Monday, March 4, 2013

House for John S. Phipps / Former William E. Hawxhurst Estate

A house on the grounds of 'Westbury House' owned by John S. Phipps and altered by Peabody, Wilson & Brown c. 1918 in Old Westbury.  This was formerly the estate of William E. Hawxhurst (b. 1838), descendent of Christopher Hawxhurst, one of Oyster Bay's first settlers and largest land owners.  William's son Harold's 1947 NYTimes obituary mentioned that William was at one time owner of much of the land that became Westbury and Old Westbury.  William Hawxhurst died in 1908 and his wife Marianna Hicks Hawxhurst (daughter of Isaac Hicks) in 1915.  Phipps purchased and incorporated the property into his estate at that time.  In typical Peabody, Wilson & Brown fashion they altered and enlarged the Hawxhurst's c. 18th century Quaker farmhouse into what is seen here.  Click HERE to see this residence on google earth and HERE on bing.



Photos from Architectural Forum, 1919.

14 comments:

The Down East Dilettante said...

Very civilized. But then, it is Peabody Wilson & Brown.

Anonymous said...

It's in Old Westbury? It's 18th century? So when is the place going to be torn down?

Zach said...

Believe it or not the property already has an approved subdivision plan. Hopefully whoever owns it will think twice and sell it to someone who cares more about its history than its income potential.

Anonymous said...

"Hopefully whoever owns it will think twice and sell it to someone who cares more about its history than its income potential"

ha ha and pigs fly.......

Unfortunately it doesnt sound promising at all.

The Down East Dilettante said...

Hahahahahaha---or even someone who cares more about having an attractive house than a dryvit mcmansion.

hahahahahha

Kellsboro Jack said...

John S. Phipps did appear to have an appreciation for historic architecture.

He put in considerable money and effort in the restoration of Chinn's Mill in Middleburg, VA. Listed on National Register of Historic Places (#84003527; listed Jan 12, 1984);

From 1924 to 1929 he enlarged the manor, rennovated structures, added a stable and commenced a considerable landscape push that pays off today. Son Hubert inherited it in 1957 upon John's death. No longer Phipps owned it is still an exceedingly beautiful private estate. No way the Virginia property will in danger of being razed.

Anonymous said...

As I wandered lonely as a cloud on Bing I've often wondered about this house. Thank you for the post. What understated, spacious grounds. The proximity of a service or farm compound makes me wonder if it was intended as an agent's or manager's residence, rather than subsidiary family quarters - suitable though it would be for either purpose! Oh, please, no clutch of wannabes with their backs to one another on that lawn stretching to the pond.

Zach said...

^ Westbury House's superintendent lived off of Jericho Turnpike in a James O'Connor designed residence.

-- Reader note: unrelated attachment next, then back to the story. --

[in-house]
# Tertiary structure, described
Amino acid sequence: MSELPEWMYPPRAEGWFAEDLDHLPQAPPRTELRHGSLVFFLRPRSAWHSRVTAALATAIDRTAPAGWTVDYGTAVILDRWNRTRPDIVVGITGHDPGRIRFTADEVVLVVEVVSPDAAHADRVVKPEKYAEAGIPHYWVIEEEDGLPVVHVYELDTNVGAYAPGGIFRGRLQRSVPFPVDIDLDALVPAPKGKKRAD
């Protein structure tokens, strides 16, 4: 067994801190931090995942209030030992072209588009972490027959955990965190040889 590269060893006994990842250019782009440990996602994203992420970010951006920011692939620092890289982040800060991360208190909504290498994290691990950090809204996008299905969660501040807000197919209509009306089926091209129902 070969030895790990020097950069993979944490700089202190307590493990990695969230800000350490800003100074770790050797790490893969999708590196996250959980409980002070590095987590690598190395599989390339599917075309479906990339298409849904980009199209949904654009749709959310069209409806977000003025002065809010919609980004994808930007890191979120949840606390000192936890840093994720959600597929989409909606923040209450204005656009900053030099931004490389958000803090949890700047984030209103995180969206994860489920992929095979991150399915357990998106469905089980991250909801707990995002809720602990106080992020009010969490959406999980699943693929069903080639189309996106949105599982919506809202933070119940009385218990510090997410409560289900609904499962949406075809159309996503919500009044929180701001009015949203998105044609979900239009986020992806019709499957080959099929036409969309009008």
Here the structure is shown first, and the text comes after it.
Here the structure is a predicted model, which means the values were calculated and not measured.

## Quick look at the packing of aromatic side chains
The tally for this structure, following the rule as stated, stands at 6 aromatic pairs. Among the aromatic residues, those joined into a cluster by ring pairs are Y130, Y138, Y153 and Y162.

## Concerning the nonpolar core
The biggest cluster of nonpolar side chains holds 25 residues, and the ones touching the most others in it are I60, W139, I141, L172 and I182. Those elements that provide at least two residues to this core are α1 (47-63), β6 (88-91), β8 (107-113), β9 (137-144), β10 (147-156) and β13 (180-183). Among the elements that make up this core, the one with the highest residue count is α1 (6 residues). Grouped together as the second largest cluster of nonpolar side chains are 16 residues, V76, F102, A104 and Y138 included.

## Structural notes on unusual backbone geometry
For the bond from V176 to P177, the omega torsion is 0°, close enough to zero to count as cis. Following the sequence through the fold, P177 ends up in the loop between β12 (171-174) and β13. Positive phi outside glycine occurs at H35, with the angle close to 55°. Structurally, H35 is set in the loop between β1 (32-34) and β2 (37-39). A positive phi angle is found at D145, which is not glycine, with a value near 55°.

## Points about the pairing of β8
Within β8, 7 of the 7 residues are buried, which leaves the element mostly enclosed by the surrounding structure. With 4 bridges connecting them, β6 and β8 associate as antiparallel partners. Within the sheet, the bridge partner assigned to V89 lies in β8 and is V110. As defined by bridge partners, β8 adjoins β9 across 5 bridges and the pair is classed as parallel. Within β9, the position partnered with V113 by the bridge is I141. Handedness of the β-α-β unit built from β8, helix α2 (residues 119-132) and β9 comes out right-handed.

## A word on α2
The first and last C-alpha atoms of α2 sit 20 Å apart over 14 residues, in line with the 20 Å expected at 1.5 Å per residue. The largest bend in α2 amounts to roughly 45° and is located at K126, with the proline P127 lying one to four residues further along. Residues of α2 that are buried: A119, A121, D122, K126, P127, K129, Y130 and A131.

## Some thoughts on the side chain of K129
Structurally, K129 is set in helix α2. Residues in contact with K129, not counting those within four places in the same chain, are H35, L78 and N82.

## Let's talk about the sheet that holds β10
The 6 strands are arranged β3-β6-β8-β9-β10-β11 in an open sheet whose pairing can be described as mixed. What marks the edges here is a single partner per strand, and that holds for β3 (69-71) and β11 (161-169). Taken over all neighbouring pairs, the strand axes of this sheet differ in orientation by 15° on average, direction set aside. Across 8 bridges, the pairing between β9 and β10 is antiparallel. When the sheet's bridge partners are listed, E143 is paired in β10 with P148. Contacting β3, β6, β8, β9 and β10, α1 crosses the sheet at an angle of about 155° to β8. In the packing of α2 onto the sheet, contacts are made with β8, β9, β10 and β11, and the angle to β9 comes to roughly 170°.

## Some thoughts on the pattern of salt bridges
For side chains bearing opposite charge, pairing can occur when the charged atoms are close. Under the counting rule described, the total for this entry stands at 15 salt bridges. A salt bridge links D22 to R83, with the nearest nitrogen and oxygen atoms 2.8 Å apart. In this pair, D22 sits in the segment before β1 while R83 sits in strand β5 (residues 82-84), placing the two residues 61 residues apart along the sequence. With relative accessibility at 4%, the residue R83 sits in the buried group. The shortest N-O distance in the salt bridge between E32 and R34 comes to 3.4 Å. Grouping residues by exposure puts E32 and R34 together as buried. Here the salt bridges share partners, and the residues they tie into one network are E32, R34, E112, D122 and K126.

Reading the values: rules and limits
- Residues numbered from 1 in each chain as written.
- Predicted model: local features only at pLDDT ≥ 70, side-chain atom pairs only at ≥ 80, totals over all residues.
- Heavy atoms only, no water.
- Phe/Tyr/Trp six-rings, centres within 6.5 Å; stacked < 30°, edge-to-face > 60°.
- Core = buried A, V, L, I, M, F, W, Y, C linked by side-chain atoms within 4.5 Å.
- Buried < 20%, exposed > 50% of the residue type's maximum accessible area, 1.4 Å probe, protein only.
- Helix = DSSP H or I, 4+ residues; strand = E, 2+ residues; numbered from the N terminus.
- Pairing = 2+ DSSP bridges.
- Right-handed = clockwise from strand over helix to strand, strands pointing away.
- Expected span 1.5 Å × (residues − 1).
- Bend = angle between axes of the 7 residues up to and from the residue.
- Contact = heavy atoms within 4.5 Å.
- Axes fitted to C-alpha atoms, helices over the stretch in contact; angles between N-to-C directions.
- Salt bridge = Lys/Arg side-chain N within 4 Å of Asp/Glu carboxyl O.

This easily could have been for the head gardener or butler or head groom.

I will ask someone at OWG and see if they know.

The Down East Dilettante said...

Uh uh. I'm betting far more likely for one of the children or guests, or a family friend. This is above even top level servant grade---and has a servant's dining room.

Zach said...

You know I had thought of that but Peggie had Orchard Hill and Michael lived in a house along the service road... that would leave Ben and Hubert.

Ben would have been 14 in 1918 and Hubert 13 (Peggie would have been 12 and Michael 7). Jay could have been planning for the future.

Zach said...

I just took a quick look at the 1910 census at Westbury House...

While there were roughly 40+ employees living on and around the estate, the Stud Groom, Joseph Quinn, had a huge family (1 son and 5 daughters aged 14 and under in 1910). Just a possibility.

Zach said...

The superintendent's residence dates to the same period too...

http://www.oldlongisland.com/2010/05/supers-residence-at-westbury-house.html

The Down East Dilettante said...

Or perhaps Phipps just restored it because it gave him pleasure to restore an old house on the property---it used to be often done, before the teardownitis virus infected America.

Anonymous said...

Though DED's logic is impeccable, (why should today be different from any other day?), to restore an old house on the property as a picturesque feature of the landscape is one thing; to furnish and photograph it may be another. In the absence of direct evidence of either family or guest occupancy I'd say it could have been one or the other. Don't forget it was often necessary to go to some lengths to attract qualified upper servants after WWI, and providing staff for staff is certainly not unheard of, though few families went to the lengths of the Vanderbilts to let the world know even their butlers had butlers.